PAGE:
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Full text of "The Cambridge Natural History"

16 2                           TEETH   OF   EDENTATES                          CHAP.
inasmuch as many Edentates have teeth. It is, however, by
a number of small tooth - characters that the order can be
defined. Thus if teeth are present they are simple in struc-
ture, without enamel in the adult condition, though a rudi-
mentary enamel-organ has been discovered in an Armadillo.
The teeth, moreover, are not found in the anterior part of the
mouth, and they grow from persistent pulps; neither is there
much differentiation among them. It is not possible, however,
to speak of the Edentates as quite homodont, since in Orycteropus
there are large cheek-teeth ; but there is at any rate not a marked
heterodonty in that or in any other Edentate. It used to be said
that the Edentates were monophyodont. But the Armadillo
Tatusia was subsequently found to possess a second suppressed
dentition, and after this discovery Mr. Thomas proved that
Orycteropus is also diphyodont. Since then other Armadillos
have been shown to be diphyodont; and the whole group there-
fore, so far as concerns those members that have teeth, may in all
probability be regarded as typically mammalian in this respect.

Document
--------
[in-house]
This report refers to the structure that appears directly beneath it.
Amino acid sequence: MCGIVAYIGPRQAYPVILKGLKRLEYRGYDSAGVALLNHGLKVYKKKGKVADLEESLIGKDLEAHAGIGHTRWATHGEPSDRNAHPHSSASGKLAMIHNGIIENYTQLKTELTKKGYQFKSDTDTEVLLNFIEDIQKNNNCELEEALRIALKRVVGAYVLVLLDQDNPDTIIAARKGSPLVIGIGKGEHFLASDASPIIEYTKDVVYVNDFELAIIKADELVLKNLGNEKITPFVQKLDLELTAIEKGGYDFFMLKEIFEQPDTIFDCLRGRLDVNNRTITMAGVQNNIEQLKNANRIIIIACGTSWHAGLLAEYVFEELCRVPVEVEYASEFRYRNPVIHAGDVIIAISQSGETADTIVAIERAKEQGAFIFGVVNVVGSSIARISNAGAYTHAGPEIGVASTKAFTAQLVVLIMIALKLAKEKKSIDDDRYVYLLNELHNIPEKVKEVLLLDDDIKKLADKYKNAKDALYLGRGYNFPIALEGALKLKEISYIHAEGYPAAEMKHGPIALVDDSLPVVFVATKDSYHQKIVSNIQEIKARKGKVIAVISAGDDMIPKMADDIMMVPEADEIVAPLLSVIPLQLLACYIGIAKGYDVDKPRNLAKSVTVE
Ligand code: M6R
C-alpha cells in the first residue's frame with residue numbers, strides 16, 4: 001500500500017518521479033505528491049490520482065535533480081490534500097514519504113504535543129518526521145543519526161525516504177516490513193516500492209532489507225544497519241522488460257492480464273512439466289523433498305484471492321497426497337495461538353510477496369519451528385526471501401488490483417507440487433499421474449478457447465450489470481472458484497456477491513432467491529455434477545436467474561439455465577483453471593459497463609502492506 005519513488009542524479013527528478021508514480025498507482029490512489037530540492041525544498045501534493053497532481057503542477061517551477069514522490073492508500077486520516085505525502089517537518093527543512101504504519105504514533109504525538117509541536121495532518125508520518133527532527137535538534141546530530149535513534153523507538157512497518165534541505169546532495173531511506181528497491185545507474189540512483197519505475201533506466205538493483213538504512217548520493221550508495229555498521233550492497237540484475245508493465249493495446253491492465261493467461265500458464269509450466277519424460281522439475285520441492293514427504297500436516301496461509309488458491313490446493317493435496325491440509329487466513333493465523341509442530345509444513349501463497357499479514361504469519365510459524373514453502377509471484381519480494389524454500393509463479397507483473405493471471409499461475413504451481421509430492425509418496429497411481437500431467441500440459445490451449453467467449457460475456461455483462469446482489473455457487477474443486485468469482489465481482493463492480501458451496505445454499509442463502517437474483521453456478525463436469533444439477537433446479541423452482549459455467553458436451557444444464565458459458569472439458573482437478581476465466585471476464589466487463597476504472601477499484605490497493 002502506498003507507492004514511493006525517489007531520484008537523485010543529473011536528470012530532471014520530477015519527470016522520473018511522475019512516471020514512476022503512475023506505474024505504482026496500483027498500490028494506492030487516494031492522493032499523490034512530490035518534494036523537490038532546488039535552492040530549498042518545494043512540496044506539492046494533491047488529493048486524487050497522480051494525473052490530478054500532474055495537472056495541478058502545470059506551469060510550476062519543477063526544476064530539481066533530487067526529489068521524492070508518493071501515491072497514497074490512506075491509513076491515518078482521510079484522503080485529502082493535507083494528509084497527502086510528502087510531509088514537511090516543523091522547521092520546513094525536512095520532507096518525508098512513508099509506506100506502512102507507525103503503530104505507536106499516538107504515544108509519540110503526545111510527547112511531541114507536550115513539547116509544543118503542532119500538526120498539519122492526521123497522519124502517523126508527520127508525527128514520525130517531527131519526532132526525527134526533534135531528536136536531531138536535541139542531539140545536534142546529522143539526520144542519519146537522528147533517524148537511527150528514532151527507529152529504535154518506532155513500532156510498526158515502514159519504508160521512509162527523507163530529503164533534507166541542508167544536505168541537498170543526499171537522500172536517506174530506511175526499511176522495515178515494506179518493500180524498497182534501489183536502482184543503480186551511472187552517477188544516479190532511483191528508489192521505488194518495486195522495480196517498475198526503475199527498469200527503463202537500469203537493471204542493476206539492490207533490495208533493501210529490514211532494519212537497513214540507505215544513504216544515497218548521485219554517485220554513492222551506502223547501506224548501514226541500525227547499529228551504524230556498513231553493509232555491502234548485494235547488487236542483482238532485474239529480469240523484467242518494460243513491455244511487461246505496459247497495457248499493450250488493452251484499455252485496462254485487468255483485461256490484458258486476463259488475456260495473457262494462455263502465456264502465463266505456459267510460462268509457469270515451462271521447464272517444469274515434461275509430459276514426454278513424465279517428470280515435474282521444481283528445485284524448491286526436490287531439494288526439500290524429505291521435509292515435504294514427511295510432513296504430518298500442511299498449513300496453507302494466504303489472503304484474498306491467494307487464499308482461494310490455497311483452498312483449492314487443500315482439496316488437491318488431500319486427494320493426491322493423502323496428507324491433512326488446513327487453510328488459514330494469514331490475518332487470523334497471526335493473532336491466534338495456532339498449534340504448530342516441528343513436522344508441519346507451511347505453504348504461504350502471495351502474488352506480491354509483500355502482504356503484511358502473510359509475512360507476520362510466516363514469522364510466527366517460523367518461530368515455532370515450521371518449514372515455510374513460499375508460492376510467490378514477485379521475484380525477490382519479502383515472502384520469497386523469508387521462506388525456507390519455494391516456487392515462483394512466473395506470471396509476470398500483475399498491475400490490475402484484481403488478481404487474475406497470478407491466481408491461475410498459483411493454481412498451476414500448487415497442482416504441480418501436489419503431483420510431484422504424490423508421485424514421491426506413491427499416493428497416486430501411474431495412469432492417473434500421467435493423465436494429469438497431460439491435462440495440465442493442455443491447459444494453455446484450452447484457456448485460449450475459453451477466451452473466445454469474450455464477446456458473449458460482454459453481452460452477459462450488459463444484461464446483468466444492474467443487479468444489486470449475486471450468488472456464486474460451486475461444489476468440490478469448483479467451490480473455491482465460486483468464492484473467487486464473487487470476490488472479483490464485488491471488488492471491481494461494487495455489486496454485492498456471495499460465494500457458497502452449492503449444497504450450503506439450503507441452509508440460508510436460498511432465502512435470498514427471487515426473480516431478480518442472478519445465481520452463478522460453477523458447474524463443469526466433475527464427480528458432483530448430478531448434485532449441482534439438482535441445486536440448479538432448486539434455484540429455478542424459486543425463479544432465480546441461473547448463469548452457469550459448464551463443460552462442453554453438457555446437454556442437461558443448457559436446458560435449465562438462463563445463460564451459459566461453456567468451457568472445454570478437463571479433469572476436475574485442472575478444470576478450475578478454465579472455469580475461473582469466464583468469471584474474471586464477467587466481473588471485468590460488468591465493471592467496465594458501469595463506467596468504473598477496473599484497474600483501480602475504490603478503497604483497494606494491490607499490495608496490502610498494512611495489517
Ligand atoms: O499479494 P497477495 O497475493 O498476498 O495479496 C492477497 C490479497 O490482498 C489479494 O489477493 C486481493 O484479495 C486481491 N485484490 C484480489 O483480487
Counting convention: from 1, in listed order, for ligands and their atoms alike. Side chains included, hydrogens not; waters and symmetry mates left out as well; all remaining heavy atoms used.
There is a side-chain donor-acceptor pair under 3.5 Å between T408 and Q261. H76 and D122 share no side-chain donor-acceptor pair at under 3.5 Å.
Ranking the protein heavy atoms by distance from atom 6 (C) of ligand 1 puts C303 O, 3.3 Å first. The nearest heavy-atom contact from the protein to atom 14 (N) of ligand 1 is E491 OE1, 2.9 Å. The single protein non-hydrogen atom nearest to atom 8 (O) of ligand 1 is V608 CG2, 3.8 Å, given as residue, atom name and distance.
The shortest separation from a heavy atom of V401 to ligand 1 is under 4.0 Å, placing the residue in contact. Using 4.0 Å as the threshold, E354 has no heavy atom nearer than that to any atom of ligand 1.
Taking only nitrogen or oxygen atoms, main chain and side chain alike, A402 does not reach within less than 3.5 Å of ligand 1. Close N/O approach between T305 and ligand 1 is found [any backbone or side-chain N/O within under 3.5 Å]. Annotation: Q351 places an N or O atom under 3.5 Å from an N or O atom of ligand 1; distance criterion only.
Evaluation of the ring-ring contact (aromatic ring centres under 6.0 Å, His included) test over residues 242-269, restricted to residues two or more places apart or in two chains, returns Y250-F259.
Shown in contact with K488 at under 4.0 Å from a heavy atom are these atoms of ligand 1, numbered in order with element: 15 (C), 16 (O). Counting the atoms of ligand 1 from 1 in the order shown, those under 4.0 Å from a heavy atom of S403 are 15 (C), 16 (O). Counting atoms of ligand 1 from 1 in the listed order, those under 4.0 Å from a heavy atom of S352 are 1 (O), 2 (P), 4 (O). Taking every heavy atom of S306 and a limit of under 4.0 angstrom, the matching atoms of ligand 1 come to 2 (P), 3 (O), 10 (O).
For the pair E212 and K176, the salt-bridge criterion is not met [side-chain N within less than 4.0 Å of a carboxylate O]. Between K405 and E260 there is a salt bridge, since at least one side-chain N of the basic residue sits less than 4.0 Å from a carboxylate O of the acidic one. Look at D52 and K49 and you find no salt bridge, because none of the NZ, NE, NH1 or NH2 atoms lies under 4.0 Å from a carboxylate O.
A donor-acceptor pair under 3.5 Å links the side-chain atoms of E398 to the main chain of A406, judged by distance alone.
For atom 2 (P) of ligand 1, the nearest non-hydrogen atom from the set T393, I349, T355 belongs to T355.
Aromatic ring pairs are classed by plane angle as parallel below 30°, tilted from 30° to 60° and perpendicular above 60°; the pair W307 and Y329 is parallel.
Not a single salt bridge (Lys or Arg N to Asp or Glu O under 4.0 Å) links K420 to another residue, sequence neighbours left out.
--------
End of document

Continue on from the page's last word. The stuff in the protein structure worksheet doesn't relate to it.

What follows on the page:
These characters are slender enough, but there seem to be
no others by means of which the members of this order can. be
satisfactorily linked together. The fact is, that we have here
a polymorphic order which contains in all probability repre-
sentatives of at least two separate orders. We have at present
a very few, and these perhaps highly modified, descendants of a
large and diverse group of mammals. For convenience* sake they
will be all treated of under the head of Edentata.
Although for the probable reasons already stated it is a
hard matter to frame such a definition as will include all
existing Edentates, it is easy enough to define two groups in this
heterogeneous order; to define one group we ^should say, rather,
and then to regard the leavings as forming another not so easily
definable a group.
The perfectly-definable group is that which includes the
American Anteaters, the Armadillos, and the Sloths. In all
these creatures, which may certainly be regarded as representing
on their own account as many family types, there are a number
of important and highly-characteristic anatomical features which
they share in common. So exceedingly different are those three
types in general appearance and (correlated with that) in way of
life that these common characters acquire increased importance.